Beyond the locks, where the willows droop into a gulley of black mud and leaf mould, is the stream, and beyond its makeshift oak-trunk bridge, is the container. Seven old tyres balance against its flaked, once-green rusty walls, its doors secured with an old Yale padlock and a dirt encrusted choke chain. Only his three-legged lurcher knows how long he's lived there, collecting dead wood to fuel his pot-bellied burner where, if the weather is icy, he boils purified water collected from the cut in a family-sized lifesaver bottle.
His wrinkled, sun-browned face, shiny and dark as a newly opened horse chestnut from years of living through all seasons outdoors, sits on a neck as thick as a tree trunk. His stocky, short torso clad in clothing from the army surplus: an olive green t-shirt; a German parka, the small flag-patches on its arms coloured black; perhaps with dirt, perhaps with a marker pen: nobody knows but him. His torn combat trousers in ambiguous print, unidentifiable perhaps even to experts in military designs, their muddied bottoms drooping into mud-encrusted para boots.
Hidden from view in undergrowth bordering the towpath, he draws back elastic, his slanted eyes steady as a feline on the prowl, fixed on an unsuspecting brown duck playing bottoms up in the water. Ping. He misses. The duck paddles to where his stone cast rings in the surface, checking for food. Three more tries and she's down, squawking, flapping and flopping; gone. He reaches for his hook-ended stick and snags her by the neck, tail feathers dripping. Skimming brown across shimmering, dawn water, mist clinging to her limp body.
His fire is ready as he sits on a log to pluck feathers into an old potato sack. An entire duvet he's made during this savage existence: ducks, swans, coots, geese. His container's floor carpeted in the skins of deer, squirrels, rabbits and in the doorway, a badger skin. All have filled his cooking pot; all have been caught, trapped, sling-shot by him, save the badger, which he witnessed being crushed by a careless driver one icy night. Not the most delicious of stews, its meat as musky as its scent; but it had filled his belly and his dog's for a fortnight, preserved by the frosty, midwinter air. With calloused hands, their tough skin engrained with filth, he slits the naked duck open, throwing its innards into the bushes for foxes to find. His dog will share his duck. Of all the creatures of this world he inhabits, the fox is King and his vixen Queen. Their lair carved in hard earth beneath his container, he hears them scurrying deep below. In the winter months, they screech and howl in mating and in spring, he watches as the young emerge to begin their lessons in foraging. The foxes will never be harmed on his watch. This family, his downstairs neighbours whom he feeds and nurtures will outlive all others. Never will a fox skin adorn his metal walls, nor keep him warm.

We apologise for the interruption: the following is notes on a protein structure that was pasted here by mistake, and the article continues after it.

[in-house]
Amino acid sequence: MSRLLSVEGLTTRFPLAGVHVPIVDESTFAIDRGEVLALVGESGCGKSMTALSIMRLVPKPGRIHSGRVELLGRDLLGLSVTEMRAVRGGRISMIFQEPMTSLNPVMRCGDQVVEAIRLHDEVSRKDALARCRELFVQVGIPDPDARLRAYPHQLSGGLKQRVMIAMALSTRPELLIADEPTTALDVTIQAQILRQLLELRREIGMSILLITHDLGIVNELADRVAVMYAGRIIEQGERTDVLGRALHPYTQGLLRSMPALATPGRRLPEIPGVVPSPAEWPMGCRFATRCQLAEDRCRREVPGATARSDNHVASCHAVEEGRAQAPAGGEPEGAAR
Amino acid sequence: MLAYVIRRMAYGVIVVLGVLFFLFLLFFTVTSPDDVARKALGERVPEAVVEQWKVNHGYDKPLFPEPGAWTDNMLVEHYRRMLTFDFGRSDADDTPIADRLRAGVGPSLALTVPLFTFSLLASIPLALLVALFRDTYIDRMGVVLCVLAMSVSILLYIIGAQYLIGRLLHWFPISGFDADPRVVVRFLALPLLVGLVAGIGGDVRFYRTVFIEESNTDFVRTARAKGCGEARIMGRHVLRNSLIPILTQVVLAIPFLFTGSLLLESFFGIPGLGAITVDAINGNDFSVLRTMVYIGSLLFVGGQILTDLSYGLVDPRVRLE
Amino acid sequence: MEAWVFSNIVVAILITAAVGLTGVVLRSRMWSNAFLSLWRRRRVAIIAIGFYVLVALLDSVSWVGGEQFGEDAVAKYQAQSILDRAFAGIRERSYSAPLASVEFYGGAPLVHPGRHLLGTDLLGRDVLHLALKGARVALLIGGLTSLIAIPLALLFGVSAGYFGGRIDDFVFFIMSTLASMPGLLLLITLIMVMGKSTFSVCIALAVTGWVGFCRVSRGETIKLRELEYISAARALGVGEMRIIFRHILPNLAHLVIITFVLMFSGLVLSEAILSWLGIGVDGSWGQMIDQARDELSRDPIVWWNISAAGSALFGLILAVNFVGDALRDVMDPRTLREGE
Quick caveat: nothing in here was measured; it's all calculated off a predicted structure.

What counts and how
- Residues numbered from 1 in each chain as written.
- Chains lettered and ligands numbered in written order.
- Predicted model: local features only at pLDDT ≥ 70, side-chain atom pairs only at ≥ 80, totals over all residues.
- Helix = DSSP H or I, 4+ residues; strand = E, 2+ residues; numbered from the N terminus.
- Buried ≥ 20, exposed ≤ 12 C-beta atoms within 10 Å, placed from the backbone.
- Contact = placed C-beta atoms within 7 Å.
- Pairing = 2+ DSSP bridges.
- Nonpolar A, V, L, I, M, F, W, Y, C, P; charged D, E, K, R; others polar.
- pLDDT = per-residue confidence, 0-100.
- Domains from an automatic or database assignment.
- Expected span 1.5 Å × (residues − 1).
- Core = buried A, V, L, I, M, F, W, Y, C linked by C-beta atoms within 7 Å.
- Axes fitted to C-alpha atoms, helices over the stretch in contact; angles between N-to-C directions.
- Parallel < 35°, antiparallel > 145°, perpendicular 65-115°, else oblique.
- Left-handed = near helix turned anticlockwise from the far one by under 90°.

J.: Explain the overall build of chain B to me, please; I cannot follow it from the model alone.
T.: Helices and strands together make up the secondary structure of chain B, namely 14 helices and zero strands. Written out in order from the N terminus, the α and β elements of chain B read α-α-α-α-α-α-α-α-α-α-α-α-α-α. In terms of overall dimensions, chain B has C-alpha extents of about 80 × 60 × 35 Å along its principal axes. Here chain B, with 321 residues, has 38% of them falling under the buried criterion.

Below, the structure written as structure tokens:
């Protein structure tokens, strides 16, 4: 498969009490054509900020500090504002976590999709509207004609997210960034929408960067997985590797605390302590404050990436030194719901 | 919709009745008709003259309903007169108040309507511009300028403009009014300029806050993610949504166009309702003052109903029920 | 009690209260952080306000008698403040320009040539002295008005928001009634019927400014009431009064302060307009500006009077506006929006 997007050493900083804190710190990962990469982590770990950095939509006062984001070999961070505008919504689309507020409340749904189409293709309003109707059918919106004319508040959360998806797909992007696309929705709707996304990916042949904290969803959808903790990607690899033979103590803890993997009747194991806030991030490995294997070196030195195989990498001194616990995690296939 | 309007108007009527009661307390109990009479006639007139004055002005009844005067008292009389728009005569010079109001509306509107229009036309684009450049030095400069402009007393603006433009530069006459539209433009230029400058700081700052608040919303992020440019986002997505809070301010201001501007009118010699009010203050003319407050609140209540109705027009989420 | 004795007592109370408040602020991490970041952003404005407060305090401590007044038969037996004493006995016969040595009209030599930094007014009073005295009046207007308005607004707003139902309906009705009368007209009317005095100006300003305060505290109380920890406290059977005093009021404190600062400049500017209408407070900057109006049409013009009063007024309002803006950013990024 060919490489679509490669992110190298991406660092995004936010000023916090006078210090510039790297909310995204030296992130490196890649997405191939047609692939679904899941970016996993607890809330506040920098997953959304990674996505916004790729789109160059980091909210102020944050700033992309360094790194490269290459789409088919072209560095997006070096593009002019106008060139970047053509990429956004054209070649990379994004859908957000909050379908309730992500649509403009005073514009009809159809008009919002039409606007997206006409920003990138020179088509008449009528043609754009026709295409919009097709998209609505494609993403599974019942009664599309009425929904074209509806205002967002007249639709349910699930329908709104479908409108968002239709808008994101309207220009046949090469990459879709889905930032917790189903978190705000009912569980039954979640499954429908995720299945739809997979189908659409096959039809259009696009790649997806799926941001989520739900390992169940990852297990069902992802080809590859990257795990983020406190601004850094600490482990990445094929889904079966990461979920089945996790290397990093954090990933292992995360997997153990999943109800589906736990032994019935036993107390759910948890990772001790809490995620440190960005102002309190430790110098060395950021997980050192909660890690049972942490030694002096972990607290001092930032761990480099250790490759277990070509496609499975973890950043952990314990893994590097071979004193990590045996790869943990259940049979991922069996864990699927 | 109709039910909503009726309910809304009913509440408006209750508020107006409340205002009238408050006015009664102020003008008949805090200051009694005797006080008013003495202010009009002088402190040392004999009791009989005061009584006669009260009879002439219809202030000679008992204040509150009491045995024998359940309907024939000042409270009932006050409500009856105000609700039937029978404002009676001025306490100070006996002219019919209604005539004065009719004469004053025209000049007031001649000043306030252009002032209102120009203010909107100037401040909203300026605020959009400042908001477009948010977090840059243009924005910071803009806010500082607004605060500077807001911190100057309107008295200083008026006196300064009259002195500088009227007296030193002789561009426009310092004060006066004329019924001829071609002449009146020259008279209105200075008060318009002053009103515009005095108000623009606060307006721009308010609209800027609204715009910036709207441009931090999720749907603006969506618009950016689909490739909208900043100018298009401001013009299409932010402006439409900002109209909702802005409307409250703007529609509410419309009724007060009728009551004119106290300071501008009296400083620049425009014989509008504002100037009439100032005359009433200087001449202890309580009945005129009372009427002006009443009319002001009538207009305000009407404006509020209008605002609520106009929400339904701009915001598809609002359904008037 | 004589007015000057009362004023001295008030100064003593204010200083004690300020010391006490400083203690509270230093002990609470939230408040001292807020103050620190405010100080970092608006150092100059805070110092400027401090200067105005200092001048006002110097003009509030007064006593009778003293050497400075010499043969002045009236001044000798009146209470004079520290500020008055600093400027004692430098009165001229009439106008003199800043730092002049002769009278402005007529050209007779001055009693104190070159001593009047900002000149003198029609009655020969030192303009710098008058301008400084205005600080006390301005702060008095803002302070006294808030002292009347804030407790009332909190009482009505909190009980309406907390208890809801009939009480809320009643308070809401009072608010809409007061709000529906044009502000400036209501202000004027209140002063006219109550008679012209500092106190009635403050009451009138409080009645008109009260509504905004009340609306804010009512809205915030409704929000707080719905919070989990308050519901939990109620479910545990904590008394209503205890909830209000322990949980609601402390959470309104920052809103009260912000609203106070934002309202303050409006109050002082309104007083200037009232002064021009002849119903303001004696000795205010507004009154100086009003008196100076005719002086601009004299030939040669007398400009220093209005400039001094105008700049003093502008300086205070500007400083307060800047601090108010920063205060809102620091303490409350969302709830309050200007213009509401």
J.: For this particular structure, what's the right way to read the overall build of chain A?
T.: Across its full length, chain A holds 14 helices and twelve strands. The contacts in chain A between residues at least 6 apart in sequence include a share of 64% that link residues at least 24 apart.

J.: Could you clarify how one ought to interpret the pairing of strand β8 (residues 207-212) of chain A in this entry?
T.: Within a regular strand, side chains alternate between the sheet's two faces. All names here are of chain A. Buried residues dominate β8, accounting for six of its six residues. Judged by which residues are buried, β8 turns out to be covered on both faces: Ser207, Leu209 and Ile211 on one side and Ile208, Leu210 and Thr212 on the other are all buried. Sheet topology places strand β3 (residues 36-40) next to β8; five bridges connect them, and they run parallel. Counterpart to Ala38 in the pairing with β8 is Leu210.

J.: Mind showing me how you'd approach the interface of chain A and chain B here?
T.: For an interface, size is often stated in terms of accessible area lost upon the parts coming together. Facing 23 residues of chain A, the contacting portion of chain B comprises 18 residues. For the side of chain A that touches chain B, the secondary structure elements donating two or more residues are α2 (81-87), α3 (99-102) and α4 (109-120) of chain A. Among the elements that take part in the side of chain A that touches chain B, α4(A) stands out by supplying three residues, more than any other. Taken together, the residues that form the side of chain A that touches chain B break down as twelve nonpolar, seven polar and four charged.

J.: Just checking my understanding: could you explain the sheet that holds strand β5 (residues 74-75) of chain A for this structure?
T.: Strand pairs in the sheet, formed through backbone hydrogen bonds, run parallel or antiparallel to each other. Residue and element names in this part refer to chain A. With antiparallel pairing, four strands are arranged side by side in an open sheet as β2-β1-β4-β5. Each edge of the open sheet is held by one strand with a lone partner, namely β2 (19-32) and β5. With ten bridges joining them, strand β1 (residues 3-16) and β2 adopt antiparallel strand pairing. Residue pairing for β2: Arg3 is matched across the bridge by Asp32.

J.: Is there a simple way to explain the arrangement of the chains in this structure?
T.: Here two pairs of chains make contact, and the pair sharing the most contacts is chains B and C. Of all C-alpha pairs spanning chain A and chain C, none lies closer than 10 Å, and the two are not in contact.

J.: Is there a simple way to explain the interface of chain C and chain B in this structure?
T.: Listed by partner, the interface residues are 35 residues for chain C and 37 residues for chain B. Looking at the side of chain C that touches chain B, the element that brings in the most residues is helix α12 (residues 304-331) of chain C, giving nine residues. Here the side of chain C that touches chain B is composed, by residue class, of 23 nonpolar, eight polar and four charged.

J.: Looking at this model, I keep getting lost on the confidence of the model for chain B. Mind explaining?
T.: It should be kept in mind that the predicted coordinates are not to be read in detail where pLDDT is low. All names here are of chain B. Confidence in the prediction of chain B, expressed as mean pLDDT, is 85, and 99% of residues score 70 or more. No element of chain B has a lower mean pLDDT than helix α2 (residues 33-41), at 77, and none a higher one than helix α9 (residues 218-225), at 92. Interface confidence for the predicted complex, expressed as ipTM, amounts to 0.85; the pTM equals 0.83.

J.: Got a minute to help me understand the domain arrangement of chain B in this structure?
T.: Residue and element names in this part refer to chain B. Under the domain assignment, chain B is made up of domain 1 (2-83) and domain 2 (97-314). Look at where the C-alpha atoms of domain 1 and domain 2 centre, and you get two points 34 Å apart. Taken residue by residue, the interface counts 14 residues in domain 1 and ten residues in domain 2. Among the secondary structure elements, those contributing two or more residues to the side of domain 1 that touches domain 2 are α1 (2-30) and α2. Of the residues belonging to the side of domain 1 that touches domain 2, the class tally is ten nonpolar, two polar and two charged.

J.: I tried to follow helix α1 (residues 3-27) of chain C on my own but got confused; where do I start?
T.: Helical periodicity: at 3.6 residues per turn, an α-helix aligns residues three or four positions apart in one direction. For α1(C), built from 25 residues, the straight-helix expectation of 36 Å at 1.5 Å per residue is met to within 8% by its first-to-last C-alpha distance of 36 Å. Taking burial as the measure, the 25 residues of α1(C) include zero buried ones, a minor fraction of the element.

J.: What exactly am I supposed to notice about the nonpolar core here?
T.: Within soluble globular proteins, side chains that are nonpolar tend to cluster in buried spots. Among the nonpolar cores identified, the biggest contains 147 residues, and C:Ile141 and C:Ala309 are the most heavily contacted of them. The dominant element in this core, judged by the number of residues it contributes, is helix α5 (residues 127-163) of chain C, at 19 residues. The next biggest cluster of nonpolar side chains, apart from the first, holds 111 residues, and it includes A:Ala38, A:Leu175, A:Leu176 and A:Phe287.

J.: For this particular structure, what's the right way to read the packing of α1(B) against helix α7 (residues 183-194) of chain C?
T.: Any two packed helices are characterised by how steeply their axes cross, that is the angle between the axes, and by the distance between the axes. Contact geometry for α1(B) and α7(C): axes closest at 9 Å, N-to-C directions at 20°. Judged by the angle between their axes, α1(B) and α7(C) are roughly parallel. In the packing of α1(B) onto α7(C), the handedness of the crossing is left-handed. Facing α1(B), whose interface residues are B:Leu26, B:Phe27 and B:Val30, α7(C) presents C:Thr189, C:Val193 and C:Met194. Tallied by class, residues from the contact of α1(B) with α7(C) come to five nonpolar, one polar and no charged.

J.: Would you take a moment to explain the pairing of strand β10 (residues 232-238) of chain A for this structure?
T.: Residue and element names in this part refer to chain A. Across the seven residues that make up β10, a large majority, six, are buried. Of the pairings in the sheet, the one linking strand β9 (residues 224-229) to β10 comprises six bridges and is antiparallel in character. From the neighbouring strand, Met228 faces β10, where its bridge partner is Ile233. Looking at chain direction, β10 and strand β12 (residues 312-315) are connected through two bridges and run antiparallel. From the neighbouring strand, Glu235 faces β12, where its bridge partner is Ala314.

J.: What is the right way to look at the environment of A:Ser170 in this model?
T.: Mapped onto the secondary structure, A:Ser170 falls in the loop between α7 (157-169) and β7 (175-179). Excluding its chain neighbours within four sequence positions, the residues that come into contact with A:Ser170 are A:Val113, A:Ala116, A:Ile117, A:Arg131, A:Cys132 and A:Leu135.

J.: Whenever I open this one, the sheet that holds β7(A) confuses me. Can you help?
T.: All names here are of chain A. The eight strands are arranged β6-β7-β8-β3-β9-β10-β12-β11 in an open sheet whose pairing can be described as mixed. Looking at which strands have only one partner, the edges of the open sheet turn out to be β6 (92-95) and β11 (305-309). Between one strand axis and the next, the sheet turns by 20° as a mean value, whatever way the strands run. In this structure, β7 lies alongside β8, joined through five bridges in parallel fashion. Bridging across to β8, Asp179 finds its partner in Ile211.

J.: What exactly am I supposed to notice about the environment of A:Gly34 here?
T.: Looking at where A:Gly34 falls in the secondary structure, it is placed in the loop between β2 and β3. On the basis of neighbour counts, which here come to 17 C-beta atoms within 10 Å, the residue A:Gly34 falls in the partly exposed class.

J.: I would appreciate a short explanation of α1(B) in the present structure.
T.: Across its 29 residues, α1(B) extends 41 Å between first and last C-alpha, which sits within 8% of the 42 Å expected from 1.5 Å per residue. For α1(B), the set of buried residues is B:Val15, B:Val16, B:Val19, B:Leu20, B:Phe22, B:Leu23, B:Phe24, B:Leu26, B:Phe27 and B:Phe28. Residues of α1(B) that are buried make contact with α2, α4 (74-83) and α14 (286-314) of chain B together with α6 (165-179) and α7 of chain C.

Peeling the skin from the duck, he scrapes off its fat with uncut, unbitten fingernails, letting it drop into the pot resting over the fire. It sizzles as it hits the cast iron vessel and he adds first pieces of skin, then the entire duck, minus its head, which his dog grabs and chews, devouring even the beak with contented crunches. With his sharpened penknife, he slices onion to the pot, then the stems, leaves and buds of wild garlic, stirring with a hand carved wooden utensil. Unpeeled potato pieces are followed by water, also inhabited now by sprigs of thyme. Amongst runner beans, cabbages, wode, calendula, leeks and slug-eaten lettuces, tomatoes climb, in yellow, orange, red and green, fixed with hooks and wire up the corrugated walls of the rusting, green container. The ripest fall easily into his hand and he squeezes them straight into his cooking pot, gelatinous seeds sliding between his fingers and oozing into boiling liquid below. His stew smells good. Fat hen is his spice, growing wild by the banks of the cut, and he rips buds and leaves from above the full, simmering cauldron, his hands and the wild herbs growing moist in the steam.
Then, carried across the cut's brown soup of sludge and shit comes the open strum of a single guitar. Notes bend as machine heads are gently adjusted into tune, followed by a series of melancholy chords, joined by a lone, hoarse voice.
“Aye, mi corazon, dime, pero dime dime di-i-i-i-i-meee”